January 25, 2008
Re: 1. Municipal Library Over-Funding
Relief Bill Advances
2. A-1645 - Qualified Purchasing Agent
1. Municipal Library Over-Funding Relief Bill Advances
The Assembly Housing and Local Government Committee yesterday released A-1265, which would provide a mechanism that would allow a municipal public library to return excessive funding to the municipality, for property tax relief. Though by no means a cure-all, the bill, sponsored by Assemblyman-Mayor Paul Moriarty, can help some municipalities caught between the municipal library funding mandate and the new artificial and arbitrary 4% levy cap.
The local library funding law requires a municipality with a local public library to annually dedicate a sum equal to $0.33 (thirty three cents) per $1,000.00 of the total assessed value of all local properties to the municipal library. In many cases, the local public library can adequately fund services at a lesser amount. It is good public policy to, therefore, allow for exceptions to the general rule in order to allow the local governing body to limit property taxes.
At our most recent Annual Conference, the League membership endorsed a resolution that, in part, called for the creation of a special committee to work with the legislature on this issue. That committee, Chaired by Lambertville Mayor Dave DelVecchio, is grateful to the sponsor for his attention to this matter and for his willingness to work with all interested parties to perfect the legislation.
A-1265 now awaits scheduling for a floor vote in the Assembly. A companion measure will soon be introduced in the State Senate by Senator Jeff VanDrew.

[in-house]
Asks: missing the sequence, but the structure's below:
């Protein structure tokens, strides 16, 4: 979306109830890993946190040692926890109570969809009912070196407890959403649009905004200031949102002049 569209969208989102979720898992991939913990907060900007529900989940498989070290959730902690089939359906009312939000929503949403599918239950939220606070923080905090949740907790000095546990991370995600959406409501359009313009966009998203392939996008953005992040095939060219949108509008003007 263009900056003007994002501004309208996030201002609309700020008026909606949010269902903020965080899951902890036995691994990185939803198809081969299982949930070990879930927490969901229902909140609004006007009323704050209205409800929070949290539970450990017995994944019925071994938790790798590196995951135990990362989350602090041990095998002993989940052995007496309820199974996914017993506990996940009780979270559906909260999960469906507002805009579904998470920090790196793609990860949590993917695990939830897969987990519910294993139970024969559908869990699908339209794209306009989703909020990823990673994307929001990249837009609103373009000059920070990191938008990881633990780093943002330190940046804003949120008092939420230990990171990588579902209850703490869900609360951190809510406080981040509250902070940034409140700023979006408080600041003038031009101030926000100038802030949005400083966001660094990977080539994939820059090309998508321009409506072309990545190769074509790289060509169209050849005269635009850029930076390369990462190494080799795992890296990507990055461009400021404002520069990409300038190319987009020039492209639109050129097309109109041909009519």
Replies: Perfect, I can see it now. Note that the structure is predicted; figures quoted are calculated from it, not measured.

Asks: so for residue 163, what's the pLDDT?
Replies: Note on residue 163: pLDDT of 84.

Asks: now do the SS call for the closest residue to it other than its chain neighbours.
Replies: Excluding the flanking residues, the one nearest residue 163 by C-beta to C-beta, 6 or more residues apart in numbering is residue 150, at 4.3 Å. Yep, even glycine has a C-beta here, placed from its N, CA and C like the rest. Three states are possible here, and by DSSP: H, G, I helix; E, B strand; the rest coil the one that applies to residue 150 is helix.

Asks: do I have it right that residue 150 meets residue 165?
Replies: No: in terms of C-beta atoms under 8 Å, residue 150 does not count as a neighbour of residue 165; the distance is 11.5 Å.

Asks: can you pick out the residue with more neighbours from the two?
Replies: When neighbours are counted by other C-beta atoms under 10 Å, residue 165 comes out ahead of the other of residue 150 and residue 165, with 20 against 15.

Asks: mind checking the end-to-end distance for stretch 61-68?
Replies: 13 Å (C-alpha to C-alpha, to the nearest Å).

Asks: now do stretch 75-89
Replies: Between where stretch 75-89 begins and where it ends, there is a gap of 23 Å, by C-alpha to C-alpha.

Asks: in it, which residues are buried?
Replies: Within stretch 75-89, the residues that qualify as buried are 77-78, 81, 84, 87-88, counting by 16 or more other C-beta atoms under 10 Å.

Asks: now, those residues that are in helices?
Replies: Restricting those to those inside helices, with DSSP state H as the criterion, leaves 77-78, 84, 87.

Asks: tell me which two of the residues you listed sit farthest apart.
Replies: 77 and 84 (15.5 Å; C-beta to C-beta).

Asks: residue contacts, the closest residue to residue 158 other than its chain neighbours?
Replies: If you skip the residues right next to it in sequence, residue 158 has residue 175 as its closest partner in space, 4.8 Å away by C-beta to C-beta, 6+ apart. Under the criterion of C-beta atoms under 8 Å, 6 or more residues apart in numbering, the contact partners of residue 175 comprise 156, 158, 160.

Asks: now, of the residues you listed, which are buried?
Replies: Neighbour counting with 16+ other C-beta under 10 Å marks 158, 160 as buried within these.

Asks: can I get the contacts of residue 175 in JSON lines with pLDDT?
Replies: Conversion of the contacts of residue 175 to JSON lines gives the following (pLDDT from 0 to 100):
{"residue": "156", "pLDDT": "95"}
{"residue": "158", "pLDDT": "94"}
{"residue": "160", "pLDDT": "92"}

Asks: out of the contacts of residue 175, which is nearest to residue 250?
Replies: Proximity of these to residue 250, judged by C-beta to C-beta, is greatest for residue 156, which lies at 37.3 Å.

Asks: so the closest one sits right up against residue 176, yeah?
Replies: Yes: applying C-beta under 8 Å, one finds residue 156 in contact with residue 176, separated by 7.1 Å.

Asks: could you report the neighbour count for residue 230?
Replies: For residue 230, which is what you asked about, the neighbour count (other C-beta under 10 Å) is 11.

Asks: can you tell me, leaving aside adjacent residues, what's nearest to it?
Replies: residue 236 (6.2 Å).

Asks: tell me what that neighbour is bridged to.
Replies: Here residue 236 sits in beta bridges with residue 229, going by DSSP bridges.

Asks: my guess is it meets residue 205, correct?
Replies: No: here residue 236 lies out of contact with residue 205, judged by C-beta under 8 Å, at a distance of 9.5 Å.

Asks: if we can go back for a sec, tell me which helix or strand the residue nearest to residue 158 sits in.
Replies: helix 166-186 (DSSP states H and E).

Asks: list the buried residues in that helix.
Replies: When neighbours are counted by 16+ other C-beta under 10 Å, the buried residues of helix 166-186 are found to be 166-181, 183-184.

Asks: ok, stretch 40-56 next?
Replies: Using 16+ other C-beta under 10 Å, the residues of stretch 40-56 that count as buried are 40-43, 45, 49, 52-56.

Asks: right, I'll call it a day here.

For more information, contact Jon Moran at 609-695-3481, ext. 121.
2. A-1645 – Qualified Purchasing Agent
Legislation that would redefine the role and qualifications of purchasing agents and require municipalities to establish an office of Qualified Purchasing Agent was released from the Assembly Housing and Local Government Committee.
Yesterday, the League testified in opposition to the mandatory requirements of the bill and urged the Committee to consider the impact on towns as they grapple with economic stresses and the constraints of Cap limitations. Presently, some municipalities voluntarily appoint a Qualified Purchasing Agent. We strongly believe this flexibility should be maintained.
Although amended to provide a 5 year exemption for towns with limited procurement needs, ultimately, towns must appoint a Qualified Purchasing Agent. The bill was also amended to allow the position to be filled through an interlocal agreement. We recognized these attempts to make the bill more palatable, but the fact remains, the bill still imposes a number of mandates on municipalities.
While we certainly support professionalism in all aspects of municipal operations, this legislation does not in any way change the procurement process nor does it provide any new or additional capabilities to assist towns in improving purchasing functions. Continuing education and frequent training seminars to keep abreast of various statutes that impact purchasing functions provide ample tools to encourage proper cost effective purchasing.
In an unprecedented move yesterday, the Department of Community Affairs, as the regulatory agency charged with implementing the proposed law, testified in opposition to the bill.
The bill, A-1645, was released from Committee with the sponsors’ (McKeon) commitment to convene all stakeholders in meetings with DCA.
The Senate companion, S-770, was held, without testimony, by the Senate Community and Urban Affairs Committee during yesterday’s meetings.
Questions can be directed to Helen Yeldell at (609) 695-3481 ext. 112 or email@example.com .
For a copy of the bills, contact Donna Baltz at ext. 127 or firstname.lastname@example.org.
Very truly yours,
William G. Dressel, Jr.